What inspired you to do HIV/AIDS work?
In the early 1980s, I was a young administrator at Lincoln Hospital in the South Bronx. It became my responsibility to open and manage a medical unit dedicated to treat patients with a newly discovered disease, AIDS.
I saw a lot of young people come into this unit to basically die in shame and solitude, abandoned by their families and society. Those daily repeated painful scenes left a mark in my heart and soul that I have never been able to erase. I knew then that I would make a personal commitment to foster a more dignified way of helping persons affected by this terrible disease.
How did you get involved with Bronx AIDS Services?
S.J. Avery is my predecessor at BAS and a personal mentor. She knew me from the time we worked together at Lincoln Hospital. She called me in the spring of 1999 to ask for names of people I would recommend for a newly created chief operating officer position in the agency. I recommended myself and in June of 1999 I became BAS’s first chief operating officer.
In July of 2005 I became executive director as part of a leadership transition plan approved by the board of directors.
What do you enjoy the most about your role at BAS?
I thoroughly enjoy the challenges of keeping an organization like BAS in the forefront of the fight against the HIV/AIDS epidemic in the Bronx and knowing that we make an impact on people’s lives with the work that we do.
My most enjoyable task, however, is to participate in the many creative discussions we have with our staff to develop innovative programming for our clientele. We are at a very important crossroad in the direction of care and treatment for people living with and affected by HIV/AIDS, and we want to make sure that we remain relevant to both our constituents and our funders.
The level of creativity and sophistication of BAS staff, as well as their dedication to our mission, is a constant source of pride and joy and helps me stay focused and optimistic about our future.
What are some challenges you face addressing HIV/AIDS in the Bronx?
Unfortunately, homophobia and HIV/AIDS stigma and discrimination are alive and well in the Bronx. These continue to be significant barriers in identifying those infected at an earlier stage and bringing them to care, as well as preventing the spread of infection in high-risk segments of the population, i.e. young gay men of color.
Together with the New York City Department of Health, we are engaged in campaigns to routinize HIV testing, and we were the first to develop a campaign to identify LGBTQ-friendly providers in the Bronx designed to increase access to prevention, care and treatment for this population, but there is still a lot of work to be done in this area.
The Bronx is also one of the most poverty stricken areas in the nation (according to the latest Census figures, approximately one third of the Bronx population lives below the poverty threshold) and prominently multi-ethnic and multicultural, hence requiring varied and multifaceted approaches to prevention and treatment.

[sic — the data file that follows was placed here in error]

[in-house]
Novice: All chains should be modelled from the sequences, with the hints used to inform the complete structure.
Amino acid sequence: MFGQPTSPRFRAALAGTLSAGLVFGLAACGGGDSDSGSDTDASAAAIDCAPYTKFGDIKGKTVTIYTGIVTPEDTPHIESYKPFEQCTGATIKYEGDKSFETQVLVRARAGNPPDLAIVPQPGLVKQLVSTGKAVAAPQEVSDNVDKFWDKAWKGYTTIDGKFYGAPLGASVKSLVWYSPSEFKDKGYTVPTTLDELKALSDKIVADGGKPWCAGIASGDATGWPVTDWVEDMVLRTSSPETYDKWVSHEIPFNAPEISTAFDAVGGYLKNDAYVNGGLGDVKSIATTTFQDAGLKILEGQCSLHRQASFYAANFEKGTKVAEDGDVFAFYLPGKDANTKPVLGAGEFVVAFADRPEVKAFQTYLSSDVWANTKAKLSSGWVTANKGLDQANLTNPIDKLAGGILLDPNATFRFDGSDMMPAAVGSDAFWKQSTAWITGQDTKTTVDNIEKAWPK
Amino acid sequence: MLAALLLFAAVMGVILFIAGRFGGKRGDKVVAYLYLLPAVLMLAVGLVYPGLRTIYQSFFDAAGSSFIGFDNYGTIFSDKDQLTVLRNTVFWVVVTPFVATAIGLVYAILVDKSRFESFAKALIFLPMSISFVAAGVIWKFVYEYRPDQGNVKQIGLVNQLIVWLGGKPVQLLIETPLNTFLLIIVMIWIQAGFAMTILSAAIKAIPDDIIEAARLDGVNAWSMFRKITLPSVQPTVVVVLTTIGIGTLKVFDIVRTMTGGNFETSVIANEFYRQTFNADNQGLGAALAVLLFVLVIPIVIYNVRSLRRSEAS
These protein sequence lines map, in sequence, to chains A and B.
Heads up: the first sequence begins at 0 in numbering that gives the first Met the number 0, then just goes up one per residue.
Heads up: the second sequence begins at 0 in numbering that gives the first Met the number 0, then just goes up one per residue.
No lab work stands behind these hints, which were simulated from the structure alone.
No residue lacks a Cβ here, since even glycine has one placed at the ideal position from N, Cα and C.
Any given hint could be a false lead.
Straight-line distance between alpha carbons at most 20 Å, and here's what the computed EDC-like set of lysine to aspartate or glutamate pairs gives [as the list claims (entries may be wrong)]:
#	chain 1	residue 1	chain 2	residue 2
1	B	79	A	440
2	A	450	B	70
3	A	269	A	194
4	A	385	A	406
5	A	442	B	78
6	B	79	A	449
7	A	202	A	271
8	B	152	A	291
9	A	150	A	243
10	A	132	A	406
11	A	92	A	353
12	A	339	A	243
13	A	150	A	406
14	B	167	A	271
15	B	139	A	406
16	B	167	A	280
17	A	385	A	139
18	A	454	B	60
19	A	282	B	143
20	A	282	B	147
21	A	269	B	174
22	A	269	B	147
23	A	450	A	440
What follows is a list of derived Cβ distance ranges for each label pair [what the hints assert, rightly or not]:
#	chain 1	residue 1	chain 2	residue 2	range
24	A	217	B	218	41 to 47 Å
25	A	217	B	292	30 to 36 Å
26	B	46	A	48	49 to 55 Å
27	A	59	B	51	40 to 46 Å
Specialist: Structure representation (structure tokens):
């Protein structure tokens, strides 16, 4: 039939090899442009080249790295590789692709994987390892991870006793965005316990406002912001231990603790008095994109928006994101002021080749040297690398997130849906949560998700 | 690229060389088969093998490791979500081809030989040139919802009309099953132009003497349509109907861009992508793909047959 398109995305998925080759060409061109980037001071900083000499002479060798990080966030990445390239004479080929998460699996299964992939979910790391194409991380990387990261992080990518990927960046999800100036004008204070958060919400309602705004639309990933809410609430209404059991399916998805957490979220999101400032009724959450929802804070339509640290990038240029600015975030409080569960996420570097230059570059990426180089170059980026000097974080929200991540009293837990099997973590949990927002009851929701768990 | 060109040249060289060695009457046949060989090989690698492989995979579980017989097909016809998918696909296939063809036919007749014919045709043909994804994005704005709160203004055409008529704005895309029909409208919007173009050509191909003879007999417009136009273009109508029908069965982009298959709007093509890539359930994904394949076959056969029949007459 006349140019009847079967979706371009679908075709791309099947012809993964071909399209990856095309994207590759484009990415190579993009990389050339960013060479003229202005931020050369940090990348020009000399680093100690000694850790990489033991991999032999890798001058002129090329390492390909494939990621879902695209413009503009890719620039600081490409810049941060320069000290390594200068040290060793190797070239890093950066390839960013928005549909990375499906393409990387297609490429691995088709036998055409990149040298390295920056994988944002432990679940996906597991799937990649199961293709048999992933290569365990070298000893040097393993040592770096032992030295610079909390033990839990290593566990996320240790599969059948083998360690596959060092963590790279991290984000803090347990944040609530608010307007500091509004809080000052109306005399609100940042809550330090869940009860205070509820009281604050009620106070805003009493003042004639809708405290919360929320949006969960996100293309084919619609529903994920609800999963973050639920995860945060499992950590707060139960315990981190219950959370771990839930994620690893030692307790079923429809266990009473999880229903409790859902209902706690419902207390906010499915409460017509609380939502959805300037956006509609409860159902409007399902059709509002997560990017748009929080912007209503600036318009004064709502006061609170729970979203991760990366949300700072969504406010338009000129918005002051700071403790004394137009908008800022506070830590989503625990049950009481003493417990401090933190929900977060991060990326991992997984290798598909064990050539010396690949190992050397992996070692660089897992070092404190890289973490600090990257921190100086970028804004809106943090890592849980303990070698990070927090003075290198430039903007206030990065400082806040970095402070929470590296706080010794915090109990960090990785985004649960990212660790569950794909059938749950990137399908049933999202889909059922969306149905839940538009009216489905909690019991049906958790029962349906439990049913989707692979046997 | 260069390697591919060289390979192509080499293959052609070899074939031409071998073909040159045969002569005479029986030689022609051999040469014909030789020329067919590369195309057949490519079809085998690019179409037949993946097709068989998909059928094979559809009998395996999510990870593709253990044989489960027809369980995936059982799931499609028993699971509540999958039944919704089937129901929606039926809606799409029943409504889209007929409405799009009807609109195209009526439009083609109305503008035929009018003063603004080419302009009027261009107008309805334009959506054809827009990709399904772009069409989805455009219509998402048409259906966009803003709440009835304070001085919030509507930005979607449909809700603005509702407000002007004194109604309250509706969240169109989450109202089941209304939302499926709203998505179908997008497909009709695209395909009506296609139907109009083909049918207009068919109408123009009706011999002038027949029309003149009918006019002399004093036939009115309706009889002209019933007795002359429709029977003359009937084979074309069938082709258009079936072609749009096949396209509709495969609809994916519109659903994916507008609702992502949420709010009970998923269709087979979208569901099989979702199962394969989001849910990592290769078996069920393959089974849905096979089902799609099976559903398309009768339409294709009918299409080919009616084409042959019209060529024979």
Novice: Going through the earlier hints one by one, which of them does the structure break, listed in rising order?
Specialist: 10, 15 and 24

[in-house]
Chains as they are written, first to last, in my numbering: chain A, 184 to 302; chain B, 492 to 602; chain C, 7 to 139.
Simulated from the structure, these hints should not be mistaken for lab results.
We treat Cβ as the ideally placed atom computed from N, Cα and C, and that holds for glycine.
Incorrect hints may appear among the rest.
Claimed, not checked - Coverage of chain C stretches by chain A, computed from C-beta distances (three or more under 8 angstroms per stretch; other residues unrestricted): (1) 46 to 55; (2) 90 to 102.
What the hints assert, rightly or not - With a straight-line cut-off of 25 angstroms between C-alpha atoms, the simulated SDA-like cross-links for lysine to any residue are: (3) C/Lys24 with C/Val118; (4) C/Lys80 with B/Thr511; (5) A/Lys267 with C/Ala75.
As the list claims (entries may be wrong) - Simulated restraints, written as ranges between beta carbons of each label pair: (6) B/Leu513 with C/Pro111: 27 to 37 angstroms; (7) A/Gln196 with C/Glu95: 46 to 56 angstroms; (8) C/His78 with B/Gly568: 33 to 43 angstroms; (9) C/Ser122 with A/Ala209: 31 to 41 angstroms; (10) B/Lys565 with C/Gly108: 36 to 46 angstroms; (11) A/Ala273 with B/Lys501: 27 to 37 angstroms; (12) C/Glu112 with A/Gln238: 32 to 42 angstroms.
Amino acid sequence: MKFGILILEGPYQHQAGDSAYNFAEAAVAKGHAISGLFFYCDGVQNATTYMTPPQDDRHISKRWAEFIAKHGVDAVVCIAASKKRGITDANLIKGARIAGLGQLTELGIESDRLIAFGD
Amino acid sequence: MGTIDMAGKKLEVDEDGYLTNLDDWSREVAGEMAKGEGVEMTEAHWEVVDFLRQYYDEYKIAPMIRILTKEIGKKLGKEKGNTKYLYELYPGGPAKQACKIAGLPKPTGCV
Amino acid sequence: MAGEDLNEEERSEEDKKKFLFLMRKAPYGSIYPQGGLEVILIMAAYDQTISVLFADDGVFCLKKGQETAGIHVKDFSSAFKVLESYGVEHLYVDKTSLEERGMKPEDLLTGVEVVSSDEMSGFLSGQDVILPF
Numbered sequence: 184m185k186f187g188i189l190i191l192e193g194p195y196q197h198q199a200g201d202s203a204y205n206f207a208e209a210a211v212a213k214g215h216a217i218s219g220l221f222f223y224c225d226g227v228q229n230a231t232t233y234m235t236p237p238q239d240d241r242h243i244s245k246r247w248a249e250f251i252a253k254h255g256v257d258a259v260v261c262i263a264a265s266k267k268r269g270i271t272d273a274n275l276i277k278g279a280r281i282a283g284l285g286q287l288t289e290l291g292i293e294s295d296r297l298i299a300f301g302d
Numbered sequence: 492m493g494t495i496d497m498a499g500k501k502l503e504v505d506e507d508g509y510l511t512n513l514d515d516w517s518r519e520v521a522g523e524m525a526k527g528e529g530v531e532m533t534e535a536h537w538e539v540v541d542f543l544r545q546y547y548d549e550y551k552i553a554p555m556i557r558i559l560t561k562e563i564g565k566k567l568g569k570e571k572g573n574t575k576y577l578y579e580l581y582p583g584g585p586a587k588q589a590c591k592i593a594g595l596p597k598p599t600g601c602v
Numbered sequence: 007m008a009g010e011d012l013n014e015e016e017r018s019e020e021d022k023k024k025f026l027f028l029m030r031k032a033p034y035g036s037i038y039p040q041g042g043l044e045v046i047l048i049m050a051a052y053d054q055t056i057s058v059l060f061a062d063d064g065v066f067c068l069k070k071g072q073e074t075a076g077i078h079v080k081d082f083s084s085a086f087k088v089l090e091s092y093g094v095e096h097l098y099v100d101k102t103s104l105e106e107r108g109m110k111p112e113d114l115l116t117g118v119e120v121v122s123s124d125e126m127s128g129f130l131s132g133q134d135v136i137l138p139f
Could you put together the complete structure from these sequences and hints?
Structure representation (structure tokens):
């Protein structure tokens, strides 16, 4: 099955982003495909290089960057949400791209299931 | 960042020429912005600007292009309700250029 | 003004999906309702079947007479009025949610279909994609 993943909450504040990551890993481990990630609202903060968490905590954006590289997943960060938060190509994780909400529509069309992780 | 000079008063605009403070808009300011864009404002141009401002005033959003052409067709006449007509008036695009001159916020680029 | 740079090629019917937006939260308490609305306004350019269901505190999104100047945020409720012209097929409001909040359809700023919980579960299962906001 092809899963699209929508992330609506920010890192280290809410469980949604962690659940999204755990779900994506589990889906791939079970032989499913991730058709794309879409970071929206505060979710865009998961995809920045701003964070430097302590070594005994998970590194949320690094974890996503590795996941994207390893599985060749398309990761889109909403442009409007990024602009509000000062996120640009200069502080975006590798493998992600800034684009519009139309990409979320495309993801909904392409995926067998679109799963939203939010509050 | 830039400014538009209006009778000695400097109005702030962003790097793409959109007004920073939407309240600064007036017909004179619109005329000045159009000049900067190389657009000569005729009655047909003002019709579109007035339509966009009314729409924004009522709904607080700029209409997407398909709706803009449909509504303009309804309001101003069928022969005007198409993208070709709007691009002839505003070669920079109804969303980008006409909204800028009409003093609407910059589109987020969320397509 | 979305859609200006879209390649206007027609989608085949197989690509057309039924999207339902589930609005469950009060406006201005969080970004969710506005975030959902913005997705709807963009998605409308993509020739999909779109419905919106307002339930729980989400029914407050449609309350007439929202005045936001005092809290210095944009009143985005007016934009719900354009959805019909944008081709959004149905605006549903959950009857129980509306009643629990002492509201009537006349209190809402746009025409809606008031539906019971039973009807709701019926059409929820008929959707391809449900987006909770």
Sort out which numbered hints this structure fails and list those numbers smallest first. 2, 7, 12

Finally, while not unique to the Bronx, the country’s economic downturn coupled with a shift in the approach to treat the epidemic is creating significant difficulties in funding the work that we do.
How do these challenges affect how you provide services to your clients?
In the past two years, we have suffered significant budget reductions that have forced us to become “leaner and meaner” infrastructure-wise and to maximize resources to maintain our service delivery. While some of the measures we’ve had to take are painful and difficult, I think we have become stronger and better in the process.
Most significant, we have been able to maintain the most important programming for our clients without any major reduction in services. At the same time, we also realize that diversification of our funding and expansion of our treatment, care and prevention approaches are essential to our future existence, and we are actively engaged in strategic discussions to pursue these goals.
How has the community responded to the programs and services at BAS?
BAS is seen as the beacon of hope for people affected by HIV/AIDS in the Bronx. We are well respected by elected officials, community leaders and service providers and recognized as a resource to the overall community.
On a daily basis we receive requests from schools to do HIV education prevention and bring our Youth Theatre troupe to perform. And community and faith organizations [ask us] to participate in health and street fairs with our mobile testing van.
We are as well recognized nationally as an innovative leader in prevention and treatment approaches in HIV/AIDS. These strategies are only possible due to the immense creativity and commitment of our staff and involvement from the clients we serve.
What future programs will BAS offer for HIV awareness and prevention?
We want to continue being supportive to those newly infected, ensuring that all the care and services they require are in place. We also want to empower those that have been living with the disease and have become medically stable to rebuild their lives and achieve any personal goals they may set for themselves.
HIV awareness and prevention will continue to be a stalwart in our programming, but we plan to achieve this goal in many nontraditional ways.
Look for our revised mission and new program approaches in our re-designed website soon.
Visit the BAS website at basnyc.org for more information.
Jose M. Davila: Advancing Bronx AIDS Services
Founded in 1986, Bronx AIDS Services (BAS) helps more than 8,000 HIV-positive and HIV-affected borough residents each year. The Bronx is the epicenter of the HIV/AIDS epidemic in New York City. BAS executive director Jose M. Davila shares his vision for the organization as it prepares for its 25th anniversary in 2011.
What inspired you to do HIV/AIDS work?